Careers in Acting

By Ethan Moser - Last update


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What is Acting? 

Acting or Drama Studies is the study of the theory and practice of becoming an actor for stage and/or screen performances. Students pursuing careers in Acting will study performance, theatre history, and production.

What 3rd Level Courses are Available? 

  • Universities and colleges in Ireland are offering courses in the following subject areas: 
    • Stage Management & Technical Theatre – the study of the technical aspects of theatre such as lighting and sound design, and set/costume design. 
    • Drama Studies – the study of the practice and history of theatre and performance.
    • Playwriting – the study of writing for the stage. 

Studying Acting in College

Most first year study involves an overview of the subject. This will offer students an introduction to the foundational principles of Acting and theatre, including performance, production, and stage management. 

Depending on the focus of their Acting studies, students will likely move from exam-based modules to more hands-on production modules. Most media studies courses will combine lectures, exams, performance projects, and written practical work as benchmark assessments for students. 

Most undergraduate Acting courses in Ireland run for three or four years. In some cases universities will facilitate work or internship experience as a facet of their program. 

It is common that all performing arts-based courses will require students to complete long-term research or performance projects including a final Capstone project. This will ensure the completion of a rigorous curriculum and prepare students for postgraduate studies or for their careers in Acting. 

A bachelor’s degree in Performing Arts is adequate for many careers in Acting. For example, graduates with a bachelor’s degree may start working in theatre, television, and film. 

Career Options

Graduating from college with a degree in Acting will serve you well as it equips you with a unique and marketable skill set. A performing arts degree teaches students how to think both critically and creatively as well as equipping them with invaluable performance and communication skills. 

Many recent graduates have entered into ‘entry-level’ careers in Acting working as actors, arts administrators, and as stage managers.

Other jobs that require a higher degree of responsibility will typically require further education, training, and/or experience to qualify for. 

Related Jobs Include:

  • Actor / Actress
  • Arts Therapist
  • Choreographer
  • Presenter for TV/Radio
  • Stage Manager
  • Arts Administrator
  • Sound/Lighting Designer
  • Set/Costume Designer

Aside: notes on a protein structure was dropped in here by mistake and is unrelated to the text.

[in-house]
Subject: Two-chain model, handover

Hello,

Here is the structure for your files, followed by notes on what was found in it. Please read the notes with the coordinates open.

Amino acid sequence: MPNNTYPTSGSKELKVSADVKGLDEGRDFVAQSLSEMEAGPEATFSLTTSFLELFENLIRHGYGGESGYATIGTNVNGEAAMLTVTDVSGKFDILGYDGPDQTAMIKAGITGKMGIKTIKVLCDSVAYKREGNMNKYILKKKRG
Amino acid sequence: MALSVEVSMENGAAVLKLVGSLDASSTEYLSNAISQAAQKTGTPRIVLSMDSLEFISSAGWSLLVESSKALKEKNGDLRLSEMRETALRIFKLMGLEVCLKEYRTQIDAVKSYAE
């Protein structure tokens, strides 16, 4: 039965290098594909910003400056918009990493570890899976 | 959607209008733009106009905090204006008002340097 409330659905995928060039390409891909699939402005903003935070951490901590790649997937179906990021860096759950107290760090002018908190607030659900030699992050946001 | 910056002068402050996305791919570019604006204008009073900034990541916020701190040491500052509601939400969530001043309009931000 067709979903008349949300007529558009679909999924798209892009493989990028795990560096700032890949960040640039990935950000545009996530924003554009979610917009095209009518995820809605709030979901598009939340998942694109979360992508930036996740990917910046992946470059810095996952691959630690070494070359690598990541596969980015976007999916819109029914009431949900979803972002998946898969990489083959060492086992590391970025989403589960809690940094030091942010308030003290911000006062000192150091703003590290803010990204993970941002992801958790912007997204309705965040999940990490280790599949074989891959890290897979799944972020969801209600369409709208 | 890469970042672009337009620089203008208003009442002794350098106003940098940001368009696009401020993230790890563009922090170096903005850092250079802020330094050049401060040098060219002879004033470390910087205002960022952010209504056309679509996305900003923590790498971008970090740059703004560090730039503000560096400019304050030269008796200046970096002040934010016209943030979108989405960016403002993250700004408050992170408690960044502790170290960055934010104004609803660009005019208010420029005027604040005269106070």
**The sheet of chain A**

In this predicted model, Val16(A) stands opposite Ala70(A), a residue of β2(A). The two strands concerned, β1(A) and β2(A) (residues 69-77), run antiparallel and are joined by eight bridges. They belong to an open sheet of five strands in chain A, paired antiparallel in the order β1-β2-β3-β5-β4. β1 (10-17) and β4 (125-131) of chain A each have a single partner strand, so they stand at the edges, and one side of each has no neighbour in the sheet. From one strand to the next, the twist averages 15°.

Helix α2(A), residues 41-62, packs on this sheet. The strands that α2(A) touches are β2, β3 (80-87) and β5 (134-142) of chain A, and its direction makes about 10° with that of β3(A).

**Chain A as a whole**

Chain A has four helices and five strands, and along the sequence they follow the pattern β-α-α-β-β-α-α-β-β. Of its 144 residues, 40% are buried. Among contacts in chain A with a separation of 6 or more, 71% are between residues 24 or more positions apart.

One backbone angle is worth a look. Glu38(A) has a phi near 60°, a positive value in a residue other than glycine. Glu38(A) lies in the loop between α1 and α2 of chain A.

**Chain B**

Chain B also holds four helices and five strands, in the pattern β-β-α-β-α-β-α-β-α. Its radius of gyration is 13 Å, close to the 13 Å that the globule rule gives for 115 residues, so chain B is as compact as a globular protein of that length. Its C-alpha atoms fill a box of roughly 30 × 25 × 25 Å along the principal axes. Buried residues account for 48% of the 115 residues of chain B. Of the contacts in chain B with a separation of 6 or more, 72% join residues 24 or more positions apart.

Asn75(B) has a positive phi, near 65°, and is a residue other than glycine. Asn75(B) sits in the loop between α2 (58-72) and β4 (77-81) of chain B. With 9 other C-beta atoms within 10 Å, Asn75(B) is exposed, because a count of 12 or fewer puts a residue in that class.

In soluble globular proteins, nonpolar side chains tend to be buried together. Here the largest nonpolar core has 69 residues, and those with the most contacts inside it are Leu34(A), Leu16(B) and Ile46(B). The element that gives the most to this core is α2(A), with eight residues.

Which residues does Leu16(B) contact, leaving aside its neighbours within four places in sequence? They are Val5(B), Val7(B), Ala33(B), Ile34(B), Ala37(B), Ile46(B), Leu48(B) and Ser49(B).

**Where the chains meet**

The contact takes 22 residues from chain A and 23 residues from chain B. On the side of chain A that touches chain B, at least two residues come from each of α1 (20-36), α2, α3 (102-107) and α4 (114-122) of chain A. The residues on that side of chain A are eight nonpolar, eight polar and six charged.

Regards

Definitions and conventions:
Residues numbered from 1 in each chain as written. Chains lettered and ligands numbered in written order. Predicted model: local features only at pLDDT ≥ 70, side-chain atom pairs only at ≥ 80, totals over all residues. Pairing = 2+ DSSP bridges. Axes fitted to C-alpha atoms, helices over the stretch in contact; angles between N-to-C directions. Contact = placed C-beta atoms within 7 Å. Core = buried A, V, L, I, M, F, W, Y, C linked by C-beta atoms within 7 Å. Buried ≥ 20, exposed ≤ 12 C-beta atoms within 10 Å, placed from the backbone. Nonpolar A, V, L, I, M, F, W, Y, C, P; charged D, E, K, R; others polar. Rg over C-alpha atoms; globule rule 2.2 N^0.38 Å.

• Broadcaster
  • Director
  • Teacher/Instructor

Further Study

An undergraduate degree in Acting studies is often the first step towards further postgraduate study. Postgraduate students will often specialize in their choice of either performance, production or research. 

Visit postgrad.ie for more information. 

FAQ

  • What points do I need to study Acting?
    • Different courses and different colleges will have different entry requirements. It’s always best that you check with the individual higher education institution which is available on their websites. As a general rule Leaving Cert students should have a minimum of six subjects which should include: Two H5 (Higher Level) grades and Four O6 (Ordinary Level) grades or Four H7 (Higher Level) grades. Subjects must include Mathematics, English, Irish or another language.
  • Are there any particular qualities you need to study Acting?
    • Students interested in careers in Acting will need to enjoy intense and immersive theatrical training, performance, and collaboration. You will need to be innovative, perceptive and curious as well as being able to successfully communicate your own ideas and opinions. 
  • Where can I study Acting?
    • Explore your options here

Did You Know?

  • Women were rarely seen on the stages of Western Europe in the Medieval Period and before. Actresses became more common during the English Restoration of 1660 because King Charles II enjoyed seeing women on stage. 
  • Shakespeare’s Globe Theatre is the only building in London still permitted to have a thatched roof after the Great Fire of 1666.
  • At London’s Palace Theatre, two seats are permanently bolted open for the theatre’s ghosts to sit in. 

Resources


Ethan Moser

Careers in Visual Media
Careers in Drama


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